Harrison Ford Statue in Chicago Rejected Over ‘1923’ Star’s Memories of Being Bullied

by Alex Falls

A Chicago suburb has voted against a proposal to install a statue of actor Harrison Ford. The legendary actor was born in the city and attended high school in the area where organizers were hoping to build the statue.

Alderman for the Park Ridge, Illinois city council, Harmony Harrington, expressed concern over the cost of the statue. She also noted the pitch came from an organization that resided outside the city and the uncertainty that Ford would actually appreciate the recognition.

Although Ford attended Maine East High School in Park Ridge, there’s no lost love for the town. In an interview in 2017, Ford described his bullying encounters while going to school. On his walks home, he’d often encounter older bullies.

“So I was the new kid, and I was kind of short and geeky, I guess,” Ford said. “I’d come up the hill, and then they pushed me down the hill, and I’d come up the hill, and if there was enough time they’d push me down the hill again.”

Harrison Ford’s Feelings About His Hometown

All in all, Ford said thinking about his past does not bother him. He noted he doesn’t have any “emotional attachment” to the events of his childhood from bullying. He said at time, he was more focused on girls showing sympathy for him because of the bullying.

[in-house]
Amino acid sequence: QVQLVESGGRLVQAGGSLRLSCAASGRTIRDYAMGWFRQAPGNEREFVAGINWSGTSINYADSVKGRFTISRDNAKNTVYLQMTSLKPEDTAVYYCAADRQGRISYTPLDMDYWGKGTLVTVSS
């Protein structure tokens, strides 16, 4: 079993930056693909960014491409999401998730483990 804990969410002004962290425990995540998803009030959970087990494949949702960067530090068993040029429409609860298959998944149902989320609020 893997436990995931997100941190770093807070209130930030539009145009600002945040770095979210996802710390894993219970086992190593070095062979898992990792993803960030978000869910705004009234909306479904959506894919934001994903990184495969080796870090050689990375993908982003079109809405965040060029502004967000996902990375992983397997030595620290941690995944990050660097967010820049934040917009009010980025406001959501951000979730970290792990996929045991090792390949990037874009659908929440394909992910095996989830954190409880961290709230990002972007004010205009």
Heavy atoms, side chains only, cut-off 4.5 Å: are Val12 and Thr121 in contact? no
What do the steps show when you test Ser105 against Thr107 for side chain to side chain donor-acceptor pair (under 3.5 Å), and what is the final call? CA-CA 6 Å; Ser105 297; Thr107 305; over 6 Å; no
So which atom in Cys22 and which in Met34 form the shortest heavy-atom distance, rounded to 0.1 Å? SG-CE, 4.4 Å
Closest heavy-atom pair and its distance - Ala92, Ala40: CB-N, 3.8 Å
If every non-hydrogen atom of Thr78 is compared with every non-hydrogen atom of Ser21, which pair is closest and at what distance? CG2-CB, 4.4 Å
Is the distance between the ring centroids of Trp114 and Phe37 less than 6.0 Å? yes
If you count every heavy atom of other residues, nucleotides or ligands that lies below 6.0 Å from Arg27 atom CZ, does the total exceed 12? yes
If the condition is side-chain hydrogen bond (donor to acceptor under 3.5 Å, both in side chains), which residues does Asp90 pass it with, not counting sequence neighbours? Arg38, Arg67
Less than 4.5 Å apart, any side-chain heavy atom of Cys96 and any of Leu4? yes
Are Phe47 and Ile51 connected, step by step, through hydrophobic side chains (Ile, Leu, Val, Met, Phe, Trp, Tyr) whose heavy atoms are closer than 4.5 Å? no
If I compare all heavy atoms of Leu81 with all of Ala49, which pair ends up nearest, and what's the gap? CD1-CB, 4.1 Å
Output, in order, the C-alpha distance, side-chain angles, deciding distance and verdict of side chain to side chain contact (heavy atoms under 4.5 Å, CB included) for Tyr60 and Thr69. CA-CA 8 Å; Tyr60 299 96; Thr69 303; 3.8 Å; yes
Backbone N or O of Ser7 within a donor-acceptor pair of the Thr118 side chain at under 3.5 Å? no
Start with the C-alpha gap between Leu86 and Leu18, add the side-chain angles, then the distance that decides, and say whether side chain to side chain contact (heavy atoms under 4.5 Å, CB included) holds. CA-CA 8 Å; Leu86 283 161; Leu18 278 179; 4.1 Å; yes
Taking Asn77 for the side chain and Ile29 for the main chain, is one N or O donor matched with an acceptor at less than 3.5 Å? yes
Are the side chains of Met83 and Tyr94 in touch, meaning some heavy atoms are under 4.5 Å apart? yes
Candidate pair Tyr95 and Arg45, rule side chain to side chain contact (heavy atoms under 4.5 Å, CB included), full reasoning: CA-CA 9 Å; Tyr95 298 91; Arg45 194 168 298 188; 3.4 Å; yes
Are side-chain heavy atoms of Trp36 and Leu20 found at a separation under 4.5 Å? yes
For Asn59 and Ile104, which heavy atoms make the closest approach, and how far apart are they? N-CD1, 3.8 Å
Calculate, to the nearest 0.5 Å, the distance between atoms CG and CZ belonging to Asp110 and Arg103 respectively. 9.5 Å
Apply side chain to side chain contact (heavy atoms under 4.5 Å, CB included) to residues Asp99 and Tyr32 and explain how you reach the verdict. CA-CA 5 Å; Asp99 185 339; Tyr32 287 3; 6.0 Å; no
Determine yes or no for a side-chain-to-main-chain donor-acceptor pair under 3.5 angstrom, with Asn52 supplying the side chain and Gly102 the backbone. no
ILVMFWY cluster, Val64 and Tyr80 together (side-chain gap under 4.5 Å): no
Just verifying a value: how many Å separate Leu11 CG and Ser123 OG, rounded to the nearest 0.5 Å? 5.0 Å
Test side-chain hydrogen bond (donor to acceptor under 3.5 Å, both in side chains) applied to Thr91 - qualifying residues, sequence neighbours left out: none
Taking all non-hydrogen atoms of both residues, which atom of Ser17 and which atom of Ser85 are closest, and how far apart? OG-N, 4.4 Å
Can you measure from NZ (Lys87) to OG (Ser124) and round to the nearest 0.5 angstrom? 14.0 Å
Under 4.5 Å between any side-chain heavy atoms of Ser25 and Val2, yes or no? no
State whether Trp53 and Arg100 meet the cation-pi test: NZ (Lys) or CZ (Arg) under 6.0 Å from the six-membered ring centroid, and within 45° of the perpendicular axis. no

Park Ridge Mayor Marty Maloney noted these sentiments from Ford as hesitation to raise a memorial for him in the town he no longer feels connected to.

“Based on some things I’ve heard just through Park Ridge lore about Harrison Ford and leaving Park Ridge, I would just want to make sure he was comfortable with what we’re doing if we’re taking that step on this,” Maloney said.

The pitch for the statue came from Omri Amrany. The artist owns Rotblatt Amrany in Highwood, Illinois. He’s behind the statues of other celebrities like Michael Jordan at the United Center in Chicago, Magic Johnson at the Staples Center in Los Angeles, and Napolean Dynamite outside 20th Century Studios in LA.

“He has an enormous fan base and it’s easy to imagine people from nearby communities stopping by to have their picture taken with a sculpture,” Amrany said to the city council. 

Amrany argued the statue could increase tourism to the area. But Harrington expressed concern that the pitch did not come from a local business. Nor does it have backing from the community.

“I know we were approached from a very reputable fine art studio with perhaps greater vision than some of us have about what this could be for our town,” Harrington said. “But for me, I’d love to see projects like this come from the ground up; that means that the public and others are really invested in wanting this.”